Dominance is based on the other competitors just as much as the person who is said to be dominant. 

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7 minutes ago, cleverprimate24 said:

 

I never said prime Tiger wouldn't be the best player in the world today. I absolutely think we would be, and would be dominant, but I think the pack would be significantly closer than most of his contemporaries were.

 

Prime Phil, the short window of elite Duval, and Vijay would be near the top today too, but probably somewhere in the upper tier pack, which is much deeper than in the early 2000's. 

 

Just to fact-check your statement, he didn't pass DJ, BK, or Rory(obviously he's struggling now, but could regain form). He did pass JT for a couple weeks, while staying ahead of Rahm and Bryson for a couple months.

 

The Master's is friendly tournament for aging veterans. Tiger is the goat and I'm not taking anything away from that historic win, but it definitely was the main reason for his climb into the top 5 that year. 

 

You're ignoring Hovland, & Scheffler. Plus several of the others were in their first couple of professional years too. Spieth was beginning his trek into the wilderness, but should be a force again going forward. 

 

 


 

“The Master's is friendly tournament for aging veterans“

 

Yeah, I guess Rory just needs to get older then.

 

🤣


All good, cp, we are on the same page. TW was at #12 before he beat all the young guns at Augusta. He basically came from like #2000 and did that all in a year and a half against the supposed deepest fields ever. 

 

 

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3 hours ago, milesgiles said:

 

Jack would not agree.. he was playing against guys who knew how to win the big ones, and did so regularly..

 

its more

 

1. dont have to be very good to make a nice living. One major, youre set for life

 

2. the 460 has removed all skill from the tee shot. Its a non event. 

 

3. the rest of the game has been dumbed down. Not enough variety of clubs on approach shots, less opportunity for the best to separate themselves 

1. You don't have to be very good

2. Be good enough to win a major

 

Pick one

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11 minutes ago, dlygrisse said:

Agreed, there is only one way he wins, his ball striking has to be on, and his putter has to be hot...for him.  Tiger could win multiple ways, that's why he dominated.  Rory is similar to Colin in many regards, except he has more speed, so he can bomb it and have more short irons.  His putter doesn't have to get quite as hot.  

 

Colin will never dominate for a long period of time, he just doesn't have the skill set to do so, if you don't have a really good putter and short game by now on tour you never will, sure it can improve, but history shots that it will never be high level like Tiger was.  

 

Yeah, I wouldn't never put Colin in the same breath as Tiger, he won at a clip unparalleled even by Nicklaus. He won significantly more regular tournaments and won majors at a faster pace at his peak. Tigers off-course issues and injuries obviously derailed the seemingly inevitable overtaking of Nicklaus total major record.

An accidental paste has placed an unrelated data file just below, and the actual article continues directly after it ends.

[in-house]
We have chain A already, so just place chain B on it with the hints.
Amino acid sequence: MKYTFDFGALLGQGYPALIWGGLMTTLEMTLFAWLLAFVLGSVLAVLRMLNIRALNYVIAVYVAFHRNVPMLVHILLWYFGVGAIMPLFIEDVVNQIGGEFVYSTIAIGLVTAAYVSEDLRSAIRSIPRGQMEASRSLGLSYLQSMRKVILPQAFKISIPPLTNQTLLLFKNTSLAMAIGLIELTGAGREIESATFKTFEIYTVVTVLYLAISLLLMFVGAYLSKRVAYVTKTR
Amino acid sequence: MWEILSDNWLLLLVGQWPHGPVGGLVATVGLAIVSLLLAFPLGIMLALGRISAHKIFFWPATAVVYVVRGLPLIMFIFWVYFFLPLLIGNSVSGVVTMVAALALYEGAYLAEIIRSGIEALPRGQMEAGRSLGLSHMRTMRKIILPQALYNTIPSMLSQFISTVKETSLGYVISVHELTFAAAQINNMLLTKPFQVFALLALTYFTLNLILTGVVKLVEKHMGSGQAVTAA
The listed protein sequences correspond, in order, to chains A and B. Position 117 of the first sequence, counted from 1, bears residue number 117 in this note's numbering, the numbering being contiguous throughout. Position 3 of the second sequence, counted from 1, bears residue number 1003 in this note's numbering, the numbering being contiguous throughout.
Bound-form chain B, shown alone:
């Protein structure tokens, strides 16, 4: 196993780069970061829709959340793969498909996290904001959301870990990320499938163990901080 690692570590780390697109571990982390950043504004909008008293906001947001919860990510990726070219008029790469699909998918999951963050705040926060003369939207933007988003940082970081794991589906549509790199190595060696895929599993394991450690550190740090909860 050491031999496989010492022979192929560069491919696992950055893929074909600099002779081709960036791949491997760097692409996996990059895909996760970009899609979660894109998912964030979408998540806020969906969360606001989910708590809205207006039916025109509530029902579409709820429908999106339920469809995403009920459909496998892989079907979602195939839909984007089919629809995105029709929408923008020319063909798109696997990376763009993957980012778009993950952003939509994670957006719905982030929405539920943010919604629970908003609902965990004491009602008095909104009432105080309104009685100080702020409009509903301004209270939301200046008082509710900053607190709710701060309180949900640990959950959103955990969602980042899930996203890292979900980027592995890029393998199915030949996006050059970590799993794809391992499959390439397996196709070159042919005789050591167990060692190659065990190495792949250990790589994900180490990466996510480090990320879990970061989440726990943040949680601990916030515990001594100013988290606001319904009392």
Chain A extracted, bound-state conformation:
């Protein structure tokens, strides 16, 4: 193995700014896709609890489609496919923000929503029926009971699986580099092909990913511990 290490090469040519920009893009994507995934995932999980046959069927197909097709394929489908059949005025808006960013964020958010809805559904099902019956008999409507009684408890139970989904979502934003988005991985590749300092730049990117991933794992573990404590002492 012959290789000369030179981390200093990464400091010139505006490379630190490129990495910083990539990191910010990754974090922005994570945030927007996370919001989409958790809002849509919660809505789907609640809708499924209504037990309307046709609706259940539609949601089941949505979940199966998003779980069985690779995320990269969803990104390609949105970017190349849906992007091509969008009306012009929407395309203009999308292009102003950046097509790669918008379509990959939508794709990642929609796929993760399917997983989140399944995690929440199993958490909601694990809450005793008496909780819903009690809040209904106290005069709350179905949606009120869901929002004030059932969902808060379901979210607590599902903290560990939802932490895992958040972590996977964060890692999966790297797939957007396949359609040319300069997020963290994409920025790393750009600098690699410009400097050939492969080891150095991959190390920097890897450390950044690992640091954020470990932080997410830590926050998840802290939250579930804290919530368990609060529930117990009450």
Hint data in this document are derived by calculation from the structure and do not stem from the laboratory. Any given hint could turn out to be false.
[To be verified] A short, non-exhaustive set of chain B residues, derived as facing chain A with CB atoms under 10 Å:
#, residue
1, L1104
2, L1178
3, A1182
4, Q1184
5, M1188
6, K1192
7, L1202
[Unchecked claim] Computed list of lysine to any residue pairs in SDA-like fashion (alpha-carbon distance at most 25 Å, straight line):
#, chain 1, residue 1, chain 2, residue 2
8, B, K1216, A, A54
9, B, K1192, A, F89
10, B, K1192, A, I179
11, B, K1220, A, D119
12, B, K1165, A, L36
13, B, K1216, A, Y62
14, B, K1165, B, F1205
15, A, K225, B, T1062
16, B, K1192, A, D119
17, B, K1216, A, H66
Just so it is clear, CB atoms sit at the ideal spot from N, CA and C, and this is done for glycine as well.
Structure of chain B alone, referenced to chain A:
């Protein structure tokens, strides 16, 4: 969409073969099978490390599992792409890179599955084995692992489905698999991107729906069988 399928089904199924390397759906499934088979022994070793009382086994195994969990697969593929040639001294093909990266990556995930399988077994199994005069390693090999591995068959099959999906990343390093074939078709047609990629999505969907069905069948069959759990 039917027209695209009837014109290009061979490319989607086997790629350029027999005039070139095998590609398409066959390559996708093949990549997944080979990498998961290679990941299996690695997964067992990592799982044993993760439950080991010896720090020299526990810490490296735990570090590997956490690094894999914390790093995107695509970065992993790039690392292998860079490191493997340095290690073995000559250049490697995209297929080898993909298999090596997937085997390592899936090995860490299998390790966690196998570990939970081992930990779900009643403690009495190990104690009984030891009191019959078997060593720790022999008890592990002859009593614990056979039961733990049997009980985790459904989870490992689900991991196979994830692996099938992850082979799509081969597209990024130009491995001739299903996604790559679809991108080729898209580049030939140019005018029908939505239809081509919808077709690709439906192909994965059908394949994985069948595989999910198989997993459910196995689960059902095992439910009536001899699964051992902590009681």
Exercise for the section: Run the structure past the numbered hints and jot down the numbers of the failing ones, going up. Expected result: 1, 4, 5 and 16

Colin's ballstriking is historically good and "IF" he figures out the flatstick he will probably be a Hall of Fame caliber player. I could definitely see him winning several more Majors. I think it's probably just as likely he wins 4 or more Majors as it is he never gets a second one. 

 

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13 hours ago, BobMorris said:

I personally think the Tour is far too deep these days for someone to be able to clearly separate themselves from the pack for an extended period of time.

That's what they said in the 80's and 90's before Tiger came along.

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Adding to the mix regarding players of the '90's era was the fact that it was probably the largest equipment transition since steel shafts replaced hickory.  A few guys were still playing persimmon woods and playing steel shafts in drivers.  Courses played shorter before the technology explosion.  I admire Bryson but guys like him seem to be turning the game into a long drive competition.  I miss that era dearly.  I'd like to have seen Seve live on to compete in the Champions Tour.  

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16 minutes ago, bscinstnct said:


 

“The Master's is friendly tournament for aging veterans“

 

Yeah, I guess Rory just needs to get older then.

 

🤣


All good, cp, we are on the same page. TW was at #12 before he beat all the young guns at Augusta. He basically came from like #2000 and did that all in a year and a half against the supposed deepest fields ever. 

 

 

Tiger is 1 of 7, over 40yr old Master's Champions. All but Mark O'Meara we're all time greats, so it's not unheard of for one to get hot and have a magical weekend at Augusta. There's been plenty more near misses.

 

Tiger's the goat, I don't think one hot year over 40 for him negates the strengths of a whole era. Especially, when most of the best ones haven't even hit their prime yet. 

 

I can't speak for Rory, he's got a long way to go before he is sniffing major victories again. Though, he's still younger than Phil when he won his first Major, and green jacket simultaneously. 

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      4-wood: (Sunday only): Callaway Mavrik Sub Zero (16.5 degrees) Fujikura Ventus Blue 8 X
      Irons: Callaway X Forged UT (16) (Thursday-Saturday), Callaway X21 UT Proto (19 degrees @20.5, 25), Callaway Apex MB ‘21 (small groove) (6-PW) Shafts- 16* MCA MMT 105 TX, KBS Tour V 125 S+
      Wedges: Callaway PM Grind ’19 “Raw” ([email protected]*, 55-12*, 60-10*) Shafts: KBS Tour V 125 S+
      Putter: Odyssey Milled Blade “Phil Mickelson” SuperStroke Pistol GT Tour
      Ball: Callaway Chrome Soft X (Triple Track)
      Grips: Golf Pride MCC
       
      Link to more pics on the front-page... https://www.golfwrx.com/654804/phil-mickelson-witb-2021-may-pga-championship/
       

       
       
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    • Ping i59 irons - 2021 Wells Fargo Championship
      Ping i59 irons - 2021 Wells Fargo Championship